10 of History’s Most Legendary Magicians

by Neha Bansal2 years ago

6 Harry Blackstone Sr. (1885 – 1965)

Harry Blackstone Sr., or “The Great Blackstone,” gained fame with his floating-lightbulb and vanishing-birdcage tricks. He was mostly known for this comedy magic show, “Straight and Crooked Magic” that he performed with his brother, Pete. 

Harry Blackstone Sr
Harry Blackstone (Image to the left), Harry Blackstone Sr. performing the Indian rope trick on stage. Image Credits: Wikimedia.org, Wikimedia.org

American magician Harry Blackstone Sr. was nicknamed “The Great Blackstone.” His phenomenal magic tricks include the dancing-handkerchief, the floating-lightbulb, and the vanishing-birdcage tricks. He often wore a white bow tie and black coattails while performing shows during World War II. Blackstone was also quite good with card tricks. 

Blackstone was born in 1885 in Chicago. He received a magic-trick game on his 8th birthday, and it was then that his love for magic began. Harry Blackstone Sr. had his first paid performance at the age of 14  years.

Harry initially began performing shows with his brother, Pete, and their “Straight and Crooked Magic” comedy show was highly famous. He later gained fame and continued performing across the globe for more than three decades with his brother as his manager.

He died in 1965 in Hollywood. His son, Harry Blackstone, Jr., continued his legacy from 1934 to 1997. (1, 2) 


7 Dai Vernon (1894 – 1992)

Known for being one of the greatest sleight-of-hand magicians of all times, Dai Vernon was nicknamed “The Professor” as he taught many other legendary magicians. He once fooled Houdini in a card magic trick and thenceforth, started billing himself as “The Man Who Fooled Houdini” for the next 20 years.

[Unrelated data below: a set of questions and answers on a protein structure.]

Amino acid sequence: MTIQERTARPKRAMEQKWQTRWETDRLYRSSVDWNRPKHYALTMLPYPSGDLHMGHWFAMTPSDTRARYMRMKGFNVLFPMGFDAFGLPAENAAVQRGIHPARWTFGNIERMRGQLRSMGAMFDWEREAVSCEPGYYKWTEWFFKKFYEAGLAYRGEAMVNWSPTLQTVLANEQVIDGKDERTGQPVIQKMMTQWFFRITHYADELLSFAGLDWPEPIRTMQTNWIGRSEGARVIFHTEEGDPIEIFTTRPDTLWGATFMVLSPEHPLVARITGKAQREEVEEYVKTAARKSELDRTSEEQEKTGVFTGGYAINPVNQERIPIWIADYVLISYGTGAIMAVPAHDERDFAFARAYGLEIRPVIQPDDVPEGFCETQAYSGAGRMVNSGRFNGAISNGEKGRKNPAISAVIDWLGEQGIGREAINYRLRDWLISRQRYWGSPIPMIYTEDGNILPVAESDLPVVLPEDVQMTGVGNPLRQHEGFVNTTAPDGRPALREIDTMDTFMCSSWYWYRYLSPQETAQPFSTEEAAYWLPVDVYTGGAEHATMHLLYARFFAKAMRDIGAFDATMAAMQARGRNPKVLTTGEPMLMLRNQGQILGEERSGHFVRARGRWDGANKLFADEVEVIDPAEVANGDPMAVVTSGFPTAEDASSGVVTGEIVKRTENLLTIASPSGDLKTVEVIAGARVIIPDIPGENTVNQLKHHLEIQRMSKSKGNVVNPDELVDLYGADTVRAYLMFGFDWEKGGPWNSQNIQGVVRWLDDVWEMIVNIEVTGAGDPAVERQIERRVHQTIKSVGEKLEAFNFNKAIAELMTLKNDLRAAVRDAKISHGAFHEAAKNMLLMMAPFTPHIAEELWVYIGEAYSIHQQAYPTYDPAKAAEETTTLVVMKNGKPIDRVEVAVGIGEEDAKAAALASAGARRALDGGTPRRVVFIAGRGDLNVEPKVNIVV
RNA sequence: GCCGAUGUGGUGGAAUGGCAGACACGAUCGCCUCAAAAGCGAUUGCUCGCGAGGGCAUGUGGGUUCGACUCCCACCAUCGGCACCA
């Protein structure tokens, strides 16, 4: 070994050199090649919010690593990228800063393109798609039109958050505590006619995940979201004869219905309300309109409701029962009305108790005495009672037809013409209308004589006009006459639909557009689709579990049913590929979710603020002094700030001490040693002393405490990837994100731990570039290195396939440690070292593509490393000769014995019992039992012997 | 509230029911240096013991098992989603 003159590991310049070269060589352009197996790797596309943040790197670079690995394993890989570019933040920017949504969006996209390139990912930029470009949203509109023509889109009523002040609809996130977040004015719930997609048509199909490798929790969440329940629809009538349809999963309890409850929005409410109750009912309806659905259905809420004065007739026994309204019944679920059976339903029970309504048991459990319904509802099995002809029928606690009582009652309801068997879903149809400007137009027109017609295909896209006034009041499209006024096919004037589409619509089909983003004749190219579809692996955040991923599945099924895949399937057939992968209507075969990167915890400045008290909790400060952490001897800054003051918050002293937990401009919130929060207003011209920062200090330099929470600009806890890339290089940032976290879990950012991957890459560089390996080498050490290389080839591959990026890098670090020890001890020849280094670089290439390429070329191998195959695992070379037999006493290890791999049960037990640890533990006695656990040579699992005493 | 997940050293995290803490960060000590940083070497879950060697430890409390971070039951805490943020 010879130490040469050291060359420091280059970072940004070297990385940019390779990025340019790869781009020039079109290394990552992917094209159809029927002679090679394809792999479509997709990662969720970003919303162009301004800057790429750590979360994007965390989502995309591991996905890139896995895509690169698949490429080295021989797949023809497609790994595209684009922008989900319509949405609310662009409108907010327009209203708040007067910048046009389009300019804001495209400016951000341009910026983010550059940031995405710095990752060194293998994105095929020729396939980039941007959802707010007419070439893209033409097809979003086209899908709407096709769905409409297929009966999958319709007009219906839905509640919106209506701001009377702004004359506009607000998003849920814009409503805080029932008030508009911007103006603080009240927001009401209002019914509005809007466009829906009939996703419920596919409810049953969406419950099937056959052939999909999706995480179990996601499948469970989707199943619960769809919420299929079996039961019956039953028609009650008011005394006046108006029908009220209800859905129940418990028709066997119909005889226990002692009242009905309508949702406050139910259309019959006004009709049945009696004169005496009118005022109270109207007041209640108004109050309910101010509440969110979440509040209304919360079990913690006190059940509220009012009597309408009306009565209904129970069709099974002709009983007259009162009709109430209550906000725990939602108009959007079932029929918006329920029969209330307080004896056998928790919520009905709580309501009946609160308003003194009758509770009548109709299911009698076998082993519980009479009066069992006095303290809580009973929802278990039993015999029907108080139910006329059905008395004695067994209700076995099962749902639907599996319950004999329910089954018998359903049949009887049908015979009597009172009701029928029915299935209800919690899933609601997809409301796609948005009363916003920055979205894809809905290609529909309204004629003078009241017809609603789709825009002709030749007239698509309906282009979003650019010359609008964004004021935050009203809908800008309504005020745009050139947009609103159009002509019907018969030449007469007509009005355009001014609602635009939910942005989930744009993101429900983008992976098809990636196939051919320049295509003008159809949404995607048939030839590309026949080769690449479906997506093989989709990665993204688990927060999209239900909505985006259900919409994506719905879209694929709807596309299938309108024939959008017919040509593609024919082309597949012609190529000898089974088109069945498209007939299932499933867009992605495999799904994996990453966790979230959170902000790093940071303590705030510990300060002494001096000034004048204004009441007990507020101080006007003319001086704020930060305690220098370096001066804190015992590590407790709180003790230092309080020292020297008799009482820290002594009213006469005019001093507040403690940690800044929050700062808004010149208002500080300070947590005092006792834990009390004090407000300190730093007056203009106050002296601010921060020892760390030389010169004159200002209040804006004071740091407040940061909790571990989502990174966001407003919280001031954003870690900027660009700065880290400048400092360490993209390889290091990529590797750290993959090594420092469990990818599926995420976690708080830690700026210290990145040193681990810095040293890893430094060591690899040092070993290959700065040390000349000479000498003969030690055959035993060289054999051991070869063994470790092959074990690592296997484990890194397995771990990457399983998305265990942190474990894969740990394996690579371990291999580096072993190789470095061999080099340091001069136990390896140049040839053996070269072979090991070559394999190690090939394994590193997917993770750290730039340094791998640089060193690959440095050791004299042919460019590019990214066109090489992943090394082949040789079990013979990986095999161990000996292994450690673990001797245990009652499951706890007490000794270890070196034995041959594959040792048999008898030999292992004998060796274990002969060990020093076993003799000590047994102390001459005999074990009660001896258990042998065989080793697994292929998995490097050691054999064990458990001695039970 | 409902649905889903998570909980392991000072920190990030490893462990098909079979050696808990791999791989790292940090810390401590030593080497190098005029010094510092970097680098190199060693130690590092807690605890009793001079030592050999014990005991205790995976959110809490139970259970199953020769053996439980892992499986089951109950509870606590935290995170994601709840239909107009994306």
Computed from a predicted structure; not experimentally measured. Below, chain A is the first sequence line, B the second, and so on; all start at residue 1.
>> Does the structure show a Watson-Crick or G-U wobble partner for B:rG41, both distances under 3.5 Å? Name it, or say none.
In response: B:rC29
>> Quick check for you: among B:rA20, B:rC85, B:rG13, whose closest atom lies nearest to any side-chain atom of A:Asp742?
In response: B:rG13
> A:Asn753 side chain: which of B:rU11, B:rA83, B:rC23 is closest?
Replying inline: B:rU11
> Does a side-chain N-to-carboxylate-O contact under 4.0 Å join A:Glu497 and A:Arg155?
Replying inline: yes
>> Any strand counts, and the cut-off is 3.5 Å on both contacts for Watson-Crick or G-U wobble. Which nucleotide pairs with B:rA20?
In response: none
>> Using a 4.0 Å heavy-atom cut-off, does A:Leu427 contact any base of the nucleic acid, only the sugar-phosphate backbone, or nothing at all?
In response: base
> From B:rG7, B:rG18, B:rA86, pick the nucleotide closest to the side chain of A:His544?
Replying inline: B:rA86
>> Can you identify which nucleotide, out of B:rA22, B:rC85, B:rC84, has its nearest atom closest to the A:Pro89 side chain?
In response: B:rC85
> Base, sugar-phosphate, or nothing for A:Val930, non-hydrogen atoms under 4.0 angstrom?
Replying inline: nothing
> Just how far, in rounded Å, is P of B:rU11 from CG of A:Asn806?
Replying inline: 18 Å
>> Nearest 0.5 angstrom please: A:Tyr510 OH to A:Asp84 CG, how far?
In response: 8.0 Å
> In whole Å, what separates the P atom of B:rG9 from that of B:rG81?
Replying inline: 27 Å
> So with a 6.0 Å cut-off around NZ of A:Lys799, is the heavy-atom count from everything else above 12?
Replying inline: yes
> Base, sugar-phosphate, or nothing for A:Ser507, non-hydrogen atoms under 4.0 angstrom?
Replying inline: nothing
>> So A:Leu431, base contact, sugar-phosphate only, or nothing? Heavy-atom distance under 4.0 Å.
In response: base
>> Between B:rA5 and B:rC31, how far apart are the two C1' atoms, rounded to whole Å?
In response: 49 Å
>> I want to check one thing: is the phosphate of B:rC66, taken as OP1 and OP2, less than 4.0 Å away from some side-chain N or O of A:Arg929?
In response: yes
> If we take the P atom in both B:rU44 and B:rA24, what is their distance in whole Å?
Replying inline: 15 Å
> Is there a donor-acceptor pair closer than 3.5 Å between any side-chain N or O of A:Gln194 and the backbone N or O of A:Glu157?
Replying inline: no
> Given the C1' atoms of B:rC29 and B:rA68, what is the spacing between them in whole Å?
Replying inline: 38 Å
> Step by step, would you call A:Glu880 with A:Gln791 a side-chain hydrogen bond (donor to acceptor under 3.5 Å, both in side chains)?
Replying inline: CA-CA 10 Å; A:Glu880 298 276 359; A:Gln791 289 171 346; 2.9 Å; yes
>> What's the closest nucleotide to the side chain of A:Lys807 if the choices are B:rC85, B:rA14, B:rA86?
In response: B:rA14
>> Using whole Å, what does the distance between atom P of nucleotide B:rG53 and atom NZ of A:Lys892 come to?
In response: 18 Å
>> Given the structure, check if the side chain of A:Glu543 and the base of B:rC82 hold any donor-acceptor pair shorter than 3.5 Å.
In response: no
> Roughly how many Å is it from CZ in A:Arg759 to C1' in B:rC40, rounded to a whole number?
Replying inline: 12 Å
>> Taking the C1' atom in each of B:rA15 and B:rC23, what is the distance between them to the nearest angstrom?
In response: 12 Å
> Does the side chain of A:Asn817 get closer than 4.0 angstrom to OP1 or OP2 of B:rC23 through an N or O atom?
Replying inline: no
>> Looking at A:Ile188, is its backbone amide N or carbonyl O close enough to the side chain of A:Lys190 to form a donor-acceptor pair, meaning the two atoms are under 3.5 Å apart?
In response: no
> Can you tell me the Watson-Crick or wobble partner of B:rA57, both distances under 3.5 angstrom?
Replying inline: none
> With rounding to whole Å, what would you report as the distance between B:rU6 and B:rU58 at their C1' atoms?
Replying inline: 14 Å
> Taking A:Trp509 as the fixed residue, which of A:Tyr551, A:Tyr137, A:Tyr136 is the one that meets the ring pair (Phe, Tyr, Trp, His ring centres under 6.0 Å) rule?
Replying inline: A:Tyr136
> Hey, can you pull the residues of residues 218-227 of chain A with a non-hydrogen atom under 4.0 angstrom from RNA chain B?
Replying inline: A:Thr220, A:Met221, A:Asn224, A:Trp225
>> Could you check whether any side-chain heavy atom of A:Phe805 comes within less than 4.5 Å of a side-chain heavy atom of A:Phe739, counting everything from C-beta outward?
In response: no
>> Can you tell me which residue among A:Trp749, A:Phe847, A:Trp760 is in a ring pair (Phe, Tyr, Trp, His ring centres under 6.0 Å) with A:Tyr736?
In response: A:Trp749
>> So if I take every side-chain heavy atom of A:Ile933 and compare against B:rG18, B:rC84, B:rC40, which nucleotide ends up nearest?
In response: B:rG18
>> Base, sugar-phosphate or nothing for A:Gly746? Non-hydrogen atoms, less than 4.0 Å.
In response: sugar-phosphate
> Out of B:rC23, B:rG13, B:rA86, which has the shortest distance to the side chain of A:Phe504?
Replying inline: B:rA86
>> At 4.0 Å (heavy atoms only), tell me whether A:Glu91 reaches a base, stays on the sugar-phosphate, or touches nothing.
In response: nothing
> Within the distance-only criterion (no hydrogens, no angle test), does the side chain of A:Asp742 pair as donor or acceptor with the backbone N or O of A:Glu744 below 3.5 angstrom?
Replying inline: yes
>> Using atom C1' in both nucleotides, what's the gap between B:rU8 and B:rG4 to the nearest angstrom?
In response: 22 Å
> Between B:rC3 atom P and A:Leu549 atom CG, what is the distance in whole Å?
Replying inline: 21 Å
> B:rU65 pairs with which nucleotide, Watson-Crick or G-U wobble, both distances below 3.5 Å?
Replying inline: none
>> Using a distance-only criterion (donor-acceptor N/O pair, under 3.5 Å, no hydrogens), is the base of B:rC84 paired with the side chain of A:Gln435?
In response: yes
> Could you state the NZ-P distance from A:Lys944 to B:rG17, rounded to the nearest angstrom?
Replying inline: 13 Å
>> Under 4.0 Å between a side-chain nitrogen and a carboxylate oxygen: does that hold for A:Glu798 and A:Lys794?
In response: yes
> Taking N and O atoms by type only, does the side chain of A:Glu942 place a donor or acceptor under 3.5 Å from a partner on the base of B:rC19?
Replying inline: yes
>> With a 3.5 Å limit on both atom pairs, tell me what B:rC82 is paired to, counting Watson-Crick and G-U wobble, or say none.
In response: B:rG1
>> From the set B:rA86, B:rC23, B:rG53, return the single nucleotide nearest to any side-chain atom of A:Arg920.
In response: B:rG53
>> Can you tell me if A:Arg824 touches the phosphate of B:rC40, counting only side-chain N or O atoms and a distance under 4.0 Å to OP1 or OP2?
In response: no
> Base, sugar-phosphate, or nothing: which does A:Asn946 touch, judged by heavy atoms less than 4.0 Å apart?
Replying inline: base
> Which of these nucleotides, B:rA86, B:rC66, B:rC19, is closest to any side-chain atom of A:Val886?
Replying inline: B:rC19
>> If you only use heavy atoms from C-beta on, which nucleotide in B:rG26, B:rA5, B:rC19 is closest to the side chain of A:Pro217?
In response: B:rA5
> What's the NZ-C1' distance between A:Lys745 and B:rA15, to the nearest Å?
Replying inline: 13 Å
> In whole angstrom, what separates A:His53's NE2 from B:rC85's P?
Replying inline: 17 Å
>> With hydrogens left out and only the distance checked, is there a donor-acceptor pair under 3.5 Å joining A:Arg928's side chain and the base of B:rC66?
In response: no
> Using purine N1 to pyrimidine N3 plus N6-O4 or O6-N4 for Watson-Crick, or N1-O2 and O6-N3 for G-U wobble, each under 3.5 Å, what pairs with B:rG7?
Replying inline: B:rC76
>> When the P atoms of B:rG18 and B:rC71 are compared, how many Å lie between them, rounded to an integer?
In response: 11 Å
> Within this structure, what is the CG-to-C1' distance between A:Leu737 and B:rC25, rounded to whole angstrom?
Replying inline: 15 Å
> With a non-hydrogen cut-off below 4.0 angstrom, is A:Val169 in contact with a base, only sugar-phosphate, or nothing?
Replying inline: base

Dai Vernon - Legendary Magicians
Dai Vernon (Image to the left), the vanishing card trick by Dai Vernon. Image Credits: Magician/ Wikimedia.org, The David Ben Collection/magicana.com

Canadian magician Dai Vernon was world-famous for his card tricks. He was the mentor of many famous magicians and was nicknamed “The Professor.”

He had once managed to trick the great magician Houdini in a card trick. Houdini had claimed that he could figure out any magic trick after watching it three times. Later, Dai Vernon started calling himself, “The Man Who Fooled Houdini.” 

Born as David Frederick Wingfield Verner in 1894 in Ottawa, he was fascinated with magic from the tender age of six. He decided to become a professional magician and learned many sleight-of-hand tricks, up-close, and card tricks later on.

Dai Vernon later changed his last name from Verner to “Vernon” because he felt his name was often misspelled. He also changed his first name from David to “Dai” for similar reasons. (1, 2)


8 The Great Lafayette (1871 – 1911)

Mostly known for his signature lion’s-bride illusion, which showcased him swapping places with a live lion, The Great Lafayette was one of the greatest illusionists of his times.

The Great Lafayette
The Great Lafayette (Image to the left), Poster of a Lafayette show called, “A Carnival of Conjuring”. Image Credits: themagicdetective.com, themagicdetective.com

The great Illusionist, The Great Lafayette, was a friend of magician Harry Houdini and a private person who was not very social with his fellow magicians.

Houdini was his only magician friend who had once given him a dog named Beauty, whom he adored more than anything in the world. He was the highest-paid entertainer of his times and known for his signature lion’s-bride illusion, in which he would swap places with a live lion. 

He had so much hold on the audience that when a stage lamp fell and ignited the entire set, everyone thought it was part of his show. A total of 3,000 people sat and watched while the fire spread.